Tesfa today. He still dreams of going on further bicycle journies.

Tesfa has learned to understand his country men and women and grew to respect and love their regions and traditions . Of course, he also has came across many difficult moments especially when he slept in wilderness all alone and when he has to stay awake afraid of being eaten by wild animals or being robbed by hostile thieves(that has occurred few times). But in spite of the danger, the positive side of his journey was overwhelming. He continuesly was inspired by his motto and motivated by the reaction of the population which led him to make his tour three times. Tesfa told me that he was the second person to travel Ethiopia on a bicycle but no one has done that three times before him.

If you meet Tesfa and tell him from which part of Ethiopia you came from, he will most probably tell you about every important detail about your home town.

Tesfa’s greatest wish is to travel around the world on a bicycle under the same motto. I am convinced, he will do that if he finds a proper sponsor. I wish him good luck in fulfilling this dream and encourage all interested groups and individuals out there to help him in any possible way.

Admassu M. K.
Lissan Magazine

post Degu’s Message

January 17th, 2008

Filed under: Life Stroies — Admassu @ 10:14

A Message from Degu Shalo

It took me almost 4 years to transmit Degu’s message. I am a bit ashamed that it took me so long to keep my promise and I am glad that I am doing it here and now. I flew back home three times in these four years. Degu has never given up asking me about the turn outs of his message and, unfortunately, I ended up lying because I didn’t want to disappoint him.

///Degu as I met him the last time. (phto: admassu m. k.)///

Seven years ago, the first time I got acquainted with Degu things were still normal around his daily life. Actually things were even better than the usual daily routine; it was his wedding. I didn’t meet him on that particular day. He was the center of the occasion: groomed and well attended by his friends and best men. It just happened to be my first visit home and his wedding day intersected my arrival coincidentally. I still remember that someone invited me to the wedding and asked me politely to film the occasion with my camera.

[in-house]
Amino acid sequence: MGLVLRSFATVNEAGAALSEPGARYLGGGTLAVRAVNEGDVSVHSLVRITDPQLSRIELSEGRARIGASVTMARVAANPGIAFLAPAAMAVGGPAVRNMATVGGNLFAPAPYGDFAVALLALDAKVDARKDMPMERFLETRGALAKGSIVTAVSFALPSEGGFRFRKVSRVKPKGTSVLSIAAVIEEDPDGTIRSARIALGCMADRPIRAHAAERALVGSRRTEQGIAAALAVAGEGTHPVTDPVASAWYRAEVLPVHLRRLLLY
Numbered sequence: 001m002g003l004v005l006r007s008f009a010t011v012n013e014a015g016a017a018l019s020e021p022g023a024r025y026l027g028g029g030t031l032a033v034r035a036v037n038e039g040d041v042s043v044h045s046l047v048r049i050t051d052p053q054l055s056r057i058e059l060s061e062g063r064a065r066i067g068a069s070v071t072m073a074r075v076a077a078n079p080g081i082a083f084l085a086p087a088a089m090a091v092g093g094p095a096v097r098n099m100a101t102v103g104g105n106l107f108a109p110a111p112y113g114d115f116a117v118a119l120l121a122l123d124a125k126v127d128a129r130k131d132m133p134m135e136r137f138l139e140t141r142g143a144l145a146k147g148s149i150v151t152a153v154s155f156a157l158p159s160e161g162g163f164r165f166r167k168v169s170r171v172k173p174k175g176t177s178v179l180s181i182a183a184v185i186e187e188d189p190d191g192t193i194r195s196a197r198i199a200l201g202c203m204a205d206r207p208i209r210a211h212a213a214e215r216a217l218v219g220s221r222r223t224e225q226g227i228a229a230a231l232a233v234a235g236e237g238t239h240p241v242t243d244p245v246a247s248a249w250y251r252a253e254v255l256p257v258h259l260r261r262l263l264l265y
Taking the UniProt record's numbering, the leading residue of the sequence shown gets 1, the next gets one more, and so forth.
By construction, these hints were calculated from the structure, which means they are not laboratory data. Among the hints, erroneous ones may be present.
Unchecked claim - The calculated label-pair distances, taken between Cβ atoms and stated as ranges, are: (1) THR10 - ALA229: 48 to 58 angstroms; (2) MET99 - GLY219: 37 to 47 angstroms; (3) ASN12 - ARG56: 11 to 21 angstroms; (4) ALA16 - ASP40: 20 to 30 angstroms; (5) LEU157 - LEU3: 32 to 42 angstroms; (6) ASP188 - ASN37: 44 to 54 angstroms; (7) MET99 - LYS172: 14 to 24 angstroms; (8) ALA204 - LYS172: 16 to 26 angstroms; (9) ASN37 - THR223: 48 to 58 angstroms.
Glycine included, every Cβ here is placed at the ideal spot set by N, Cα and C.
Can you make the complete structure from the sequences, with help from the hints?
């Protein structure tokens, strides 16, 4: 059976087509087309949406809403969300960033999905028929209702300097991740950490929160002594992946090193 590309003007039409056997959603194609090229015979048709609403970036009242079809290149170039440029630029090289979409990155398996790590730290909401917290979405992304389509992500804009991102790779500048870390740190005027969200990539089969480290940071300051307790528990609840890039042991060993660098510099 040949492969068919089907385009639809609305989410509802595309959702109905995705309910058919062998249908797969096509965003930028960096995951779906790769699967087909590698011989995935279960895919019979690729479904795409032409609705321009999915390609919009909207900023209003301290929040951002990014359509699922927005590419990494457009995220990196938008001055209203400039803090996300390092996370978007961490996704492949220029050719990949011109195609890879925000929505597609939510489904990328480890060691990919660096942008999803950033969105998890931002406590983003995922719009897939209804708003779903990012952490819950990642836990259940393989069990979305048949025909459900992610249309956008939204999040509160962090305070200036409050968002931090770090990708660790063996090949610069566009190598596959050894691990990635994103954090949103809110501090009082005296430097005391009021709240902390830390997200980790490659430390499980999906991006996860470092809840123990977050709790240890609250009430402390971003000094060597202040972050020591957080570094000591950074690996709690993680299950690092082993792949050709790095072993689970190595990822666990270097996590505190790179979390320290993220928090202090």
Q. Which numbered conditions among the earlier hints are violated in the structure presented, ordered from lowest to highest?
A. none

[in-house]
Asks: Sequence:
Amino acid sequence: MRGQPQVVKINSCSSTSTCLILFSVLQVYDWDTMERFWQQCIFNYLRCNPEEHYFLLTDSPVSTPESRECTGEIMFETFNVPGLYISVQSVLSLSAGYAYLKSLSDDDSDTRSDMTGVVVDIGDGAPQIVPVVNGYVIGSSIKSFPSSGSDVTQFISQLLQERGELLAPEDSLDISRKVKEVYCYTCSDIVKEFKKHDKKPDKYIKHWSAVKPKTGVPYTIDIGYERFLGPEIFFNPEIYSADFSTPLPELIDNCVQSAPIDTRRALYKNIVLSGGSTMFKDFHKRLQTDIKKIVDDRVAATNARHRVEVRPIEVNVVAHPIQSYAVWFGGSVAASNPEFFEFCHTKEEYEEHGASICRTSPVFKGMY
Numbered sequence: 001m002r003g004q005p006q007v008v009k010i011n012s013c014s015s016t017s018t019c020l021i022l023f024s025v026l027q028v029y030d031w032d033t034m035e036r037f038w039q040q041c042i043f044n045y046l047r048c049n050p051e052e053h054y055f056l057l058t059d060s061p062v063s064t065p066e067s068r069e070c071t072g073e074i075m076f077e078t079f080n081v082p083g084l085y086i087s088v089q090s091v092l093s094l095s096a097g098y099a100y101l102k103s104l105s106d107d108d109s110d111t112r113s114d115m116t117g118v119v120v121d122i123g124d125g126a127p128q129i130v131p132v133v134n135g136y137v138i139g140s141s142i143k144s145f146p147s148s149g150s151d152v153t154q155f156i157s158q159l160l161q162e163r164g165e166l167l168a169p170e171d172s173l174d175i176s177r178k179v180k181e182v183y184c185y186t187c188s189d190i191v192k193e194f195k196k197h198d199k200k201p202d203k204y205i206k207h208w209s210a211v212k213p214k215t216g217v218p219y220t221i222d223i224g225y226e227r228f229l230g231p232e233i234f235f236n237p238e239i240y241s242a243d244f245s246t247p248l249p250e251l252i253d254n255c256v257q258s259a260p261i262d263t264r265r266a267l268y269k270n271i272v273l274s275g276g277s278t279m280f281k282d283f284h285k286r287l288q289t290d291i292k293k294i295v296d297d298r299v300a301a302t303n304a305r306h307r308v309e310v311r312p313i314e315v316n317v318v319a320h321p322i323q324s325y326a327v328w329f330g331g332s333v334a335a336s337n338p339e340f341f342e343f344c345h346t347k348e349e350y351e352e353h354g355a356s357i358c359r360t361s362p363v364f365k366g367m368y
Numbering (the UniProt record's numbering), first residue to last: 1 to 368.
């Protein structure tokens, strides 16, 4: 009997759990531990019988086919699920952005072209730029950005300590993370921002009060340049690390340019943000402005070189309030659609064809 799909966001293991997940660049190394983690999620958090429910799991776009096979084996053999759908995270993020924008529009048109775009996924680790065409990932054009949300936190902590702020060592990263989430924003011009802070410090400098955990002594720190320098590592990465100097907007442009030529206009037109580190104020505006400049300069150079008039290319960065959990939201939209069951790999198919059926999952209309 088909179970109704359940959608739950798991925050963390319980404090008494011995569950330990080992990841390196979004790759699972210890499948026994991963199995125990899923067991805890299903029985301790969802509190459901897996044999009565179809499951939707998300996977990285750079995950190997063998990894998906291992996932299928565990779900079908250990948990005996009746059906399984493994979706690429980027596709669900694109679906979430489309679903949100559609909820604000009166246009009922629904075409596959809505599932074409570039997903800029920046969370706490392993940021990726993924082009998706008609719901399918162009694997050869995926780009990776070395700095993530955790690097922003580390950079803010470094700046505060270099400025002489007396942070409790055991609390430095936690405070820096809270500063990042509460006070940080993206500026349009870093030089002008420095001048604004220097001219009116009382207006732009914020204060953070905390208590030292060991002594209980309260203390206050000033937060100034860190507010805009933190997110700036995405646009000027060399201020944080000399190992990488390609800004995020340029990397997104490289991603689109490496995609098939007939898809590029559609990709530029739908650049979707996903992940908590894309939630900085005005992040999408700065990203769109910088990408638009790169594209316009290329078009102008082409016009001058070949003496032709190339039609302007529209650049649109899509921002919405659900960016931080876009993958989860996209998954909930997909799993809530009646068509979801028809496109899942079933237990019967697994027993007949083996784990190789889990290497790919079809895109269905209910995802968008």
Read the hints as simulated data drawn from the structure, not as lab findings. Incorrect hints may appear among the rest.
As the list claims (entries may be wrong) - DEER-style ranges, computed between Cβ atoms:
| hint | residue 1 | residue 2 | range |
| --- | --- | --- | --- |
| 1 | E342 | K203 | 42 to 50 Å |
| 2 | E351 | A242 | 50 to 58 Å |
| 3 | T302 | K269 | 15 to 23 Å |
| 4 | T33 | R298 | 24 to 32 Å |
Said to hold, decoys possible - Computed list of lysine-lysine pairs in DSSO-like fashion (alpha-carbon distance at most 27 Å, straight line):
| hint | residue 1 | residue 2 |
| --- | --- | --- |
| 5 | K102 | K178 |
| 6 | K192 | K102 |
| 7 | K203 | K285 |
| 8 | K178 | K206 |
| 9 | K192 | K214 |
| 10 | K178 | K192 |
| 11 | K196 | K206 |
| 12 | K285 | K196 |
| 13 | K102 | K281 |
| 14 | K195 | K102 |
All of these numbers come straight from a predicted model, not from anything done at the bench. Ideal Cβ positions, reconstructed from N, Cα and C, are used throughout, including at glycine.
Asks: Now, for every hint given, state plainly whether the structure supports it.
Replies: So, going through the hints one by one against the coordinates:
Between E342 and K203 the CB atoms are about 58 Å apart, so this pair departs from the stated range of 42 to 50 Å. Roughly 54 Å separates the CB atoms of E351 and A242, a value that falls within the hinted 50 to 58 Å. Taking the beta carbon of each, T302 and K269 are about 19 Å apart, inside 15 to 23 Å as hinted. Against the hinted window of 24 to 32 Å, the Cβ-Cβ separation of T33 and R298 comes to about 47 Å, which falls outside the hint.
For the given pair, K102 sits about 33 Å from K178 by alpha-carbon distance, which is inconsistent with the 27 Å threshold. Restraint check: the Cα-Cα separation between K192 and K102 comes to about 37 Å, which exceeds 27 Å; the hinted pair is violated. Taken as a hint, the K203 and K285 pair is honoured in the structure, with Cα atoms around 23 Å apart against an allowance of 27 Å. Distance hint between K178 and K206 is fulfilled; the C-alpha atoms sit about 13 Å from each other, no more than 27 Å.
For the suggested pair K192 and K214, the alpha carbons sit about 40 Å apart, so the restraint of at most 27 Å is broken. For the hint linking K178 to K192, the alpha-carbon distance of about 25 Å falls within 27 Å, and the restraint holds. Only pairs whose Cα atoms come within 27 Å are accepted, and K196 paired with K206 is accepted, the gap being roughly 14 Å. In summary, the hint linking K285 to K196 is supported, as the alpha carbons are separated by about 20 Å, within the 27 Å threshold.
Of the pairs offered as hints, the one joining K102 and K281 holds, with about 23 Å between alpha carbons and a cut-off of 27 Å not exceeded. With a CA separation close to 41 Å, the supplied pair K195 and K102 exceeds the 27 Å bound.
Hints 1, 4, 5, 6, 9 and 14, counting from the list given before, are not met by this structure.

On that wedding occasion I have also encountered how the traditional wedding ceremony of my tribe has been completely altered. Degu’s wedding was more western type with all important guests wearing new or borrowed suits and fancy dresses. Though the costumes were cheap enough for the farmers to afford, seeing my people wearing them left me with an odd uncomfortable feeling. This unfortunate fact has reminded me that, apart from the landscape, nothing has remained to arouse my childhood memories. But that is completely a different story that deserves it’s own topic.

///Degu in one of his dreaming moments, (phto: admassu m. k.)///

Back to Degu:
As I have already mentioned Degu’s life was sound and secure seven years ago.

They told me that Degu has started to behave strange right after his father’s death. His father was like a central figure in Degu’s life and also in that community. Right after his Father’s death Degu has dropped the school because he couldn’t concentrate on any subject any more. His young wife fled back to her family after seeing him cutting her new shoes to pieces with a knife after they quarreled. She has been afraid of him so much since then that she couldn’t sleep. Degu’s situation has even got worth after his wife has left him. Soon his mother and his two sisters left the compound for the same reason. Degu was the only one living in their big yard with three empty huts.